Motocross engineering meets carbon fiber capability.
It might seem a bit of a stretch that world-renowned motocross component manufacturer Renthal stepped onto the mountain bike scene only a few years ago and already claims to have engineered a superlight trail-ready carbon fiber handlebar. That is, until you realize that the UK-based company not only has six mountain bike world championships under its belt, it's invested heavily into carbon fiber technology, understanding the importance of the material to the future of both mountain biking and motocross. With all that in mind, we present the Renthal Fatbar Lite Carbon, the company's take on a trail-ready carbon fiber that we think hits the bull's-eye.
Entering the world of carbon, Renthal put enormous resources into the research and refinement of the bars to ensure it would get it right the first time. Foremost, not unlike the standard DH-ready alloy Fatbar, the Fatbar Carbon Lite strikes that ergonomic sweetspot that so many bars come close to hitting but don't. Coming in at an amazing 180 grams for a 740mm-wide bar, its seven-degree backsweep and five-degree upsweep are just about perfect and take zero time to get used to. The bar is made of a unidirectional carbon fiber, chosen for its integrity and tunability, allowing engineers to dial in the right amount of flex to mitigate vibration and allow greater control, without sacrificing the stiffness or strength that is vital to an XC-, AM-, or DH-worthy handlebar — so worthy, in fact, that the bar handily passes even the most rigorous of impact tests, like the EN BMX drop test, and many others.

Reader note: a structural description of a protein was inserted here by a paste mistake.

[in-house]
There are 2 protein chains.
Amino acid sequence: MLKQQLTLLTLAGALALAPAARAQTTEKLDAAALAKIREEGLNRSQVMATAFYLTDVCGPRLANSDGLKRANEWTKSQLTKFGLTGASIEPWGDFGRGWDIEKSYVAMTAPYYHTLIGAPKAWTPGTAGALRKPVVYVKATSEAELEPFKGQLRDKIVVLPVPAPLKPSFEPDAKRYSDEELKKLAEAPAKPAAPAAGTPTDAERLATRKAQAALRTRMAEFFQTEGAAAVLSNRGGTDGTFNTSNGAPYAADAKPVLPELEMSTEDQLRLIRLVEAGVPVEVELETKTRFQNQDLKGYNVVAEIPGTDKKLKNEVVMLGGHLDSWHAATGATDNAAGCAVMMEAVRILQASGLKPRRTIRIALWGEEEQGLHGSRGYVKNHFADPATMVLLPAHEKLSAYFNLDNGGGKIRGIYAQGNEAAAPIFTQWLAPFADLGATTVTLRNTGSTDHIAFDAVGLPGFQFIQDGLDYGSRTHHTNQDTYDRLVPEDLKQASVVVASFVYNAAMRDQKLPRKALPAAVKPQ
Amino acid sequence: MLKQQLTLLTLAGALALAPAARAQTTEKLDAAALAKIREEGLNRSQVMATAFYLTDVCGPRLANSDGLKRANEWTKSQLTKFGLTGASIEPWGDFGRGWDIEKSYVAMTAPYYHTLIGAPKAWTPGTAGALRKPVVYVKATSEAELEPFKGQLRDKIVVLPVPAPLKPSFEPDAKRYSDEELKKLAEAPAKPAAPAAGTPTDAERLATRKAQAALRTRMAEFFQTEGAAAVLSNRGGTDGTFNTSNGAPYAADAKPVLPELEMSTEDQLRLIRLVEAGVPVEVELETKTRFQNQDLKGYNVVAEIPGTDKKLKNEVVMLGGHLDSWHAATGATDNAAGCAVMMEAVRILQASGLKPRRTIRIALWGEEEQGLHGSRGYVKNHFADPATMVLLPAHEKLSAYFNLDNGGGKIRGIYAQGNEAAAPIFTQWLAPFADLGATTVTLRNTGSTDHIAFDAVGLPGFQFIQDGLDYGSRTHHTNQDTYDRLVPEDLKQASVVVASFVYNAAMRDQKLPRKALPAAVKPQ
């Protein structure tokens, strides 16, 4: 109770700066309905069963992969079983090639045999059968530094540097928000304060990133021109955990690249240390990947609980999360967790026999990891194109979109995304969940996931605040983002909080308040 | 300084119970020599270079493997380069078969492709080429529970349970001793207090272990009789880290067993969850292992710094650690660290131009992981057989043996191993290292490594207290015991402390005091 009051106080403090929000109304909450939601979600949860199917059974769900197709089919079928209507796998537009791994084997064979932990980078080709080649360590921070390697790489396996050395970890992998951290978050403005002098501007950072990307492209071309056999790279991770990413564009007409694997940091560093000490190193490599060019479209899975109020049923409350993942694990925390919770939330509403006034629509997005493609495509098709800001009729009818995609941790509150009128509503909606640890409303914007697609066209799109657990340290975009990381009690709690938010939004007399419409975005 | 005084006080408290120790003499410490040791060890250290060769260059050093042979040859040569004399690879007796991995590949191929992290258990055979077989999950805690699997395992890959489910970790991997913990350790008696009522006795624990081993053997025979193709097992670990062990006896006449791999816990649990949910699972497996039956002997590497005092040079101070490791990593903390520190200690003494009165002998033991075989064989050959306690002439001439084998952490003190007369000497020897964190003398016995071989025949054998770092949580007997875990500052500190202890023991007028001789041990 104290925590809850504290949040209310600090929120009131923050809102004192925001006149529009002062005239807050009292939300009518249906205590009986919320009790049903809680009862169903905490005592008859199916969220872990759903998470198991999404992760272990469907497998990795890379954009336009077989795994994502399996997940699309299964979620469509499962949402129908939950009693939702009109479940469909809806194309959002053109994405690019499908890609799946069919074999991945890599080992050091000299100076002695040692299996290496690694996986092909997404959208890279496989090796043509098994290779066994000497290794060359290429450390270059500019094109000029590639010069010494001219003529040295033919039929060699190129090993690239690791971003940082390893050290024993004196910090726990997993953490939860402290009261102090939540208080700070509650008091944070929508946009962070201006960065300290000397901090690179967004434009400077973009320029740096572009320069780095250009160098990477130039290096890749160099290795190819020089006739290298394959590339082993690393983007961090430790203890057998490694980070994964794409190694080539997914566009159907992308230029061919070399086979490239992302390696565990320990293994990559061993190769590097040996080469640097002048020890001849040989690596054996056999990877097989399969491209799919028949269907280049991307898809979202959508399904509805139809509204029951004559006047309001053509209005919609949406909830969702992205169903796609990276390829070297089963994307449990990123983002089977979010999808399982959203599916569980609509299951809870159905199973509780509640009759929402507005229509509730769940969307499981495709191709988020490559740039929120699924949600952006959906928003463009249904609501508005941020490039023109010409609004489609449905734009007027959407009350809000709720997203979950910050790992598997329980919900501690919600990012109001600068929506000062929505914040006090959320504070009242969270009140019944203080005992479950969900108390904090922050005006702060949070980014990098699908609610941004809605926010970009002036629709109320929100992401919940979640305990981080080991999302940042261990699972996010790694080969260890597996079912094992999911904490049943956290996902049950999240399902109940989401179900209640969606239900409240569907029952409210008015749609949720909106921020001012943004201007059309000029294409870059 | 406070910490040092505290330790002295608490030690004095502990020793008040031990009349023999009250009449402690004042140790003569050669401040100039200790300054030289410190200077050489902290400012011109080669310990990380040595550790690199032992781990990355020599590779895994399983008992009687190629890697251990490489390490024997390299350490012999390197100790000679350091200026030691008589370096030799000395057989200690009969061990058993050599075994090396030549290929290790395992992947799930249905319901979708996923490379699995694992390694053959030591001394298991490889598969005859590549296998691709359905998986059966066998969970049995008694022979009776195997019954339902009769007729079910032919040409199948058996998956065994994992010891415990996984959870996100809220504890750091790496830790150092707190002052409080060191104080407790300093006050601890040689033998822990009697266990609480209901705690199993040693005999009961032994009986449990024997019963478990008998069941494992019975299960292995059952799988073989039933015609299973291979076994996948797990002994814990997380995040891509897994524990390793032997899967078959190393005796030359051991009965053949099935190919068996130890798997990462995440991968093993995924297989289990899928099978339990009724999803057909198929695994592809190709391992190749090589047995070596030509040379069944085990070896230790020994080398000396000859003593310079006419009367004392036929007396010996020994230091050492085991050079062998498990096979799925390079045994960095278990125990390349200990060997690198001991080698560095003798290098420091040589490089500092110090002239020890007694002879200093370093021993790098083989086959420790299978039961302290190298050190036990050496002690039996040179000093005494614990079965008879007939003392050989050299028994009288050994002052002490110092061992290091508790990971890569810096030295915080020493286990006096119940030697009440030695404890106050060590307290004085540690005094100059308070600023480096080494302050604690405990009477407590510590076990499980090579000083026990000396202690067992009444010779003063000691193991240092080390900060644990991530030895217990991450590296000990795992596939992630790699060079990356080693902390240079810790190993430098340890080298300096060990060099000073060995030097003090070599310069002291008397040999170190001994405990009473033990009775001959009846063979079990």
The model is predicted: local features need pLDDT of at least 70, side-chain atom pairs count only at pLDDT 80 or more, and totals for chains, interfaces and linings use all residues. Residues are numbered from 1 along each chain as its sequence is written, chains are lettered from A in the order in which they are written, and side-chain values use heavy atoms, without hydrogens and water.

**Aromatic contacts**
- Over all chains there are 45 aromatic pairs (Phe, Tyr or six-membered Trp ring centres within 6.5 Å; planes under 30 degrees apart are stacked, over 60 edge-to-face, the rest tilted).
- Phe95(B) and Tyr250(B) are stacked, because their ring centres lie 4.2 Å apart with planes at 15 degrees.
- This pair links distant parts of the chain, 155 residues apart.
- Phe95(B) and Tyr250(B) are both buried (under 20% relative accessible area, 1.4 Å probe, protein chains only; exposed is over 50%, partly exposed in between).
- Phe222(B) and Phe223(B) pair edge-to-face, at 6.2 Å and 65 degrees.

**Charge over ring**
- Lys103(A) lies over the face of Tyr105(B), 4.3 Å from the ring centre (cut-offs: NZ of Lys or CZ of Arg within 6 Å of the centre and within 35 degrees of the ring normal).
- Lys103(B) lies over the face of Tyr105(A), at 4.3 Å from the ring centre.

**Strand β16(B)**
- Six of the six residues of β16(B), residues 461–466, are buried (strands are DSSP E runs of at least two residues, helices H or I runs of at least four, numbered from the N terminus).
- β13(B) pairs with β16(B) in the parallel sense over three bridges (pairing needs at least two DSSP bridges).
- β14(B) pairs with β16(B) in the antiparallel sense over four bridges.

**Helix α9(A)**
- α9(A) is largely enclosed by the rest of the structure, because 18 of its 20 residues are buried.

The Renthal Fatbar Lite Carbon is 740mm wide and comes in four different levels of rise: 10mm, 20mm, 30mm, and 40mm. It weighs approximately 180 grams, give or take a few, depending on which you choose. The bar has a seven-degree backsweep and a five-degree upsweep, and comes in one finish.
- Unidirectional carbon fiber
- 740-millimeter width
- Seven-degree backsweep, five-degree upsweep
- Available in 10, 20, 30, and 40-millimeter rises